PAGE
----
Posted on September 2, 2017 in Reviews / 0 Comments

The Handmaid’s Tale – #BookReview

The Handmaid's Tale by Margaret Atwood

Paperback

Published by Vintage Books on July 5th 2007
Genres: Classics, Dystopia, Feminism, Fiction, Science Fiction
Length: 324 pages Source: Amazon

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The Republic of Gilead offers Offred only one function: to breed. If she deviates, she will, like dissenters, be hanged at the wall or sent out to die slowly of radiation sickness. But even a repressive state cannot obliterate desire – neither Offred's nor that of the two men on which her future hangs.


I found The Handmaid’s Tale terrifying and incredible.

“We slept in what had once been the gymnasium.”

Offred lives in a world where her name no longer matters.  She is no longer considered a person – she has no right to hold property, choose her own clothing, read, use body lotion, or love.  Offred is an object,  but she remembers the time before.  She remembers her friends, her mother, her husband, her daughter.  She is not supposed to remember.  Offred, like all other women, is to forget her humanity and embrace her new role in life – to breed.

What a demeaning and horrifying life.

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Let’s talk about Offred.

The story is told in first person.  Most of this is Offred’s thoughts, observations, and memories.  The story is written in such a way that we learn about three different time periods of Offred’s life:  Her life before, her time at the Red Centre, and the present.  I really liked this format – it shows us her whole story.  It also shows us the silence.  Every flashback is time that Offred is alone and rather than rush through these moments to the “exciting” ones, Atwood uses this time to reflect on the quiet in their lives and show us how it came to be.

It took me a couple chapters to figure out, but there’s a method to Atwood’s madness in her use of quotation marks.  This drives a lot of people crazy, but once I realized what was going on, I loved it.  Noticing where there are and aren’t quotation marks gives you a better level of understand of how ostracized Offred is.  Few few people talk to her, especially at the beginning of the book.  Some because of rules, others because they hate her.  By no fault of her own.  It’s really interesting.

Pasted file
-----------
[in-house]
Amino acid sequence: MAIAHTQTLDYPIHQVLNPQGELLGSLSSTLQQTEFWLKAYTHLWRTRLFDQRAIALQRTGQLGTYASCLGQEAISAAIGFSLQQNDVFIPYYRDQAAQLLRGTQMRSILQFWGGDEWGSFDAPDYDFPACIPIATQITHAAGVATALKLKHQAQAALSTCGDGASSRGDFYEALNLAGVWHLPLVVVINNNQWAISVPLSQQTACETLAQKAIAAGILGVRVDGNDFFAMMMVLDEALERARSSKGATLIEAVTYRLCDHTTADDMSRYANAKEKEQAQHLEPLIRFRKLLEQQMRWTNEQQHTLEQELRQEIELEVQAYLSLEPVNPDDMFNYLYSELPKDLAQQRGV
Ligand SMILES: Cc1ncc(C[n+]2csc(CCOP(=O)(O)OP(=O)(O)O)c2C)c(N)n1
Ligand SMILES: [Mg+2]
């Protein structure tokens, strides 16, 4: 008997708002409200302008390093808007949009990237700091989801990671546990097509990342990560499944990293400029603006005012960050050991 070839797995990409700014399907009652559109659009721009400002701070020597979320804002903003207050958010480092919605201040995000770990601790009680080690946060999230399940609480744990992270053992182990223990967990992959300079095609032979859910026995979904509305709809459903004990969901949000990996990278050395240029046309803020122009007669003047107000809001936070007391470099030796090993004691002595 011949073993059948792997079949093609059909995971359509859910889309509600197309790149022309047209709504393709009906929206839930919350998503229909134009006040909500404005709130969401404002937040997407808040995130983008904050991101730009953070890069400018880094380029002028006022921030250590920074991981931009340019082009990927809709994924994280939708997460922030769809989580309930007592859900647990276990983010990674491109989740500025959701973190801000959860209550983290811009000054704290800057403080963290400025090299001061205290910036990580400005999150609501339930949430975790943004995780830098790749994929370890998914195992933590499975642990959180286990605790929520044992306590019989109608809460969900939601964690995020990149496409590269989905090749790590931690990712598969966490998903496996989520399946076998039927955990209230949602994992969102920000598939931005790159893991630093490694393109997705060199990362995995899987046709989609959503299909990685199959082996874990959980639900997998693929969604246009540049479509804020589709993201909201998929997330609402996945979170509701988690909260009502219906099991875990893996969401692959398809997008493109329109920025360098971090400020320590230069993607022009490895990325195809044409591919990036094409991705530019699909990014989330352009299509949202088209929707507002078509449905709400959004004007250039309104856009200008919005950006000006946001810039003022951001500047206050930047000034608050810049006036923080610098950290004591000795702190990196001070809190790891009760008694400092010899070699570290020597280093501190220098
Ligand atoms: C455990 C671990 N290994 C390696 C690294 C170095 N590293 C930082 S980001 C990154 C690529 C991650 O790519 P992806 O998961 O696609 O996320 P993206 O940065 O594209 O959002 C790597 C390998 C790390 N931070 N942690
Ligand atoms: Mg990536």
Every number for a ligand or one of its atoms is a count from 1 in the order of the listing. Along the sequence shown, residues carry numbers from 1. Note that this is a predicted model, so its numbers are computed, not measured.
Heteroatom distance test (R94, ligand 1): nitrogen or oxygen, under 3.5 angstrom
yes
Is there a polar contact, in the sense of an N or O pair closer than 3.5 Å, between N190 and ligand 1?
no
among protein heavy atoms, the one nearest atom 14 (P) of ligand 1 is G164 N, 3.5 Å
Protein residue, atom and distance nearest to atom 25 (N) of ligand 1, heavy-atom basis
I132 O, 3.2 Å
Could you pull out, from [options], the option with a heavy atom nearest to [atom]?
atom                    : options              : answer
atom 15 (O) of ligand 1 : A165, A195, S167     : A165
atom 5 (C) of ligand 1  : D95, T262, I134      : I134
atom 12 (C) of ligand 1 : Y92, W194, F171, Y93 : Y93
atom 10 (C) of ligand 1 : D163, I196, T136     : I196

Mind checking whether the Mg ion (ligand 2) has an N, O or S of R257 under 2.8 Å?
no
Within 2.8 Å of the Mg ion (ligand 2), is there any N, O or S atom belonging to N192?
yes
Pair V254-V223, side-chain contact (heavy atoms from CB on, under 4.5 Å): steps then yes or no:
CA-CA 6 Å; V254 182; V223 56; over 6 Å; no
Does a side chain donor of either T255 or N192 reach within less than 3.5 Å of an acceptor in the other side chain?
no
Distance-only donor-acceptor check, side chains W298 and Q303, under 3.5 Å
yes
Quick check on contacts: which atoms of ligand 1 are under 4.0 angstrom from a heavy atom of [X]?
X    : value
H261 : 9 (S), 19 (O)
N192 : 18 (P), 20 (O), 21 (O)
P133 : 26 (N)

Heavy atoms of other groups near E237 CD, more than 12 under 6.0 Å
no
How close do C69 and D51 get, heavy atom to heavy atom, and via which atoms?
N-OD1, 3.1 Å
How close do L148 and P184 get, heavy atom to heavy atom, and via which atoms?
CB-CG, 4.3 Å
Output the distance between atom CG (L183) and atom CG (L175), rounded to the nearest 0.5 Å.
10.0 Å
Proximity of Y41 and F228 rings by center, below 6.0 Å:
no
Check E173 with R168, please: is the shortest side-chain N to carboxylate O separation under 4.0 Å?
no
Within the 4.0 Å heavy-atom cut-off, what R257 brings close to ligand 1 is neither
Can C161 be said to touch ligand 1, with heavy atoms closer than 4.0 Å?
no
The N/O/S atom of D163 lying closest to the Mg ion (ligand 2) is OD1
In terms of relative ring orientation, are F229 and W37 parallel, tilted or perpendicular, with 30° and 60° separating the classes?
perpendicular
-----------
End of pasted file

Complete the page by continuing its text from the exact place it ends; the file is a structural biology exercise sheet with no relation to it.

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Overall, I think the writing is brilliant.

Atwood’s style is subtle and the ideology is not forced upon the reader.  You’re simply seeing a little bit of time into one woman’s life at a leisurely pace.  Dystopias have largely focused on being bigger, darkest, with greater shock value… but sometimes something as subtle as this can have a greater impact.  I found The Handmaid’s Tale shocking in both its feminist narration as well as the idea of controlling a society through sex and and sin… or the lack thereof.  Through removing free will of who to love – because remember, even the Wives are “chosen”.  It well written, a manageable pace in a manageable number of pages.  We see Offred grow as she rebels in her remembering, in the way she talks, and in the offers she accepts.  The world is well defined but not forced upon the reader with long, tedious descriptions.  I found the “holy rollers” and the wall both equally telling and foreboding about the society.

All in all, just brilliant, really.  Worth a read, but read it slowly and carefully or you will miss the subtle nuances.

Nolite te bastardes carborundorum, my friends.

“And so I step up, into the darkness within; or else the light.”

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The Breakdown
Plot
Characters
Writing
Pacing
Setting
Cover
Personal Enjoyment
Overall:

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Hulu Trailer

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GIF Mood

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About Margaret Atwood

Margaret Atwood was born in 1939 in Ottawa, and grew up in northern Ontario and Quebec, and in Toronto. She received her undergraduate degree from Victoria College at the University of Toronto and her master’s degree from Radcliffe College.

Margaret Atwood is the author of more than forty books of fiction, poetry, and critical essays. Her latest book of short stories is Stone Mattress: Nine Tales (2014).  Her MaddAddam trilogy – the Giller and Booker prize-nominated Oryx and Crake (2003), The Year of the Flood (2009), and MaddAddam (2013) – is currently being adapted for HBO. The Door is her latest volume of poetry (2007). Her most recent non-fiction books are Payback: Debt and the Shadow Side of Wealth (2008) and In Other Worlds: SF and the Human Imagination (2011). Her novels include The Blind Assassin, winner of the Booker Prize; Alias Grace, which won the Giller Prize in Canada and the Premio Mondello in Italy; and The Robber Bride, Cat’s Eye, The Handmaid’s Tale – coming soon as a TV series with MGM and Hulu – and The Penelopiad. Her new novel, The Heart Goes Last, was published in September 2015. Forthcoming in 2016 are Hag-Seed, a novel revisitation of Shakespeare’s play The Tempest, for the Hogarth Shakespeare Project, and Angel Catbird – with a cat-bird superhero – a graphic novel with co-creator Johnnie Christmas. (Dark Horse.) Margaret Atwood lives in Toronto with writer Graeme Gibson.

Read more on her website.

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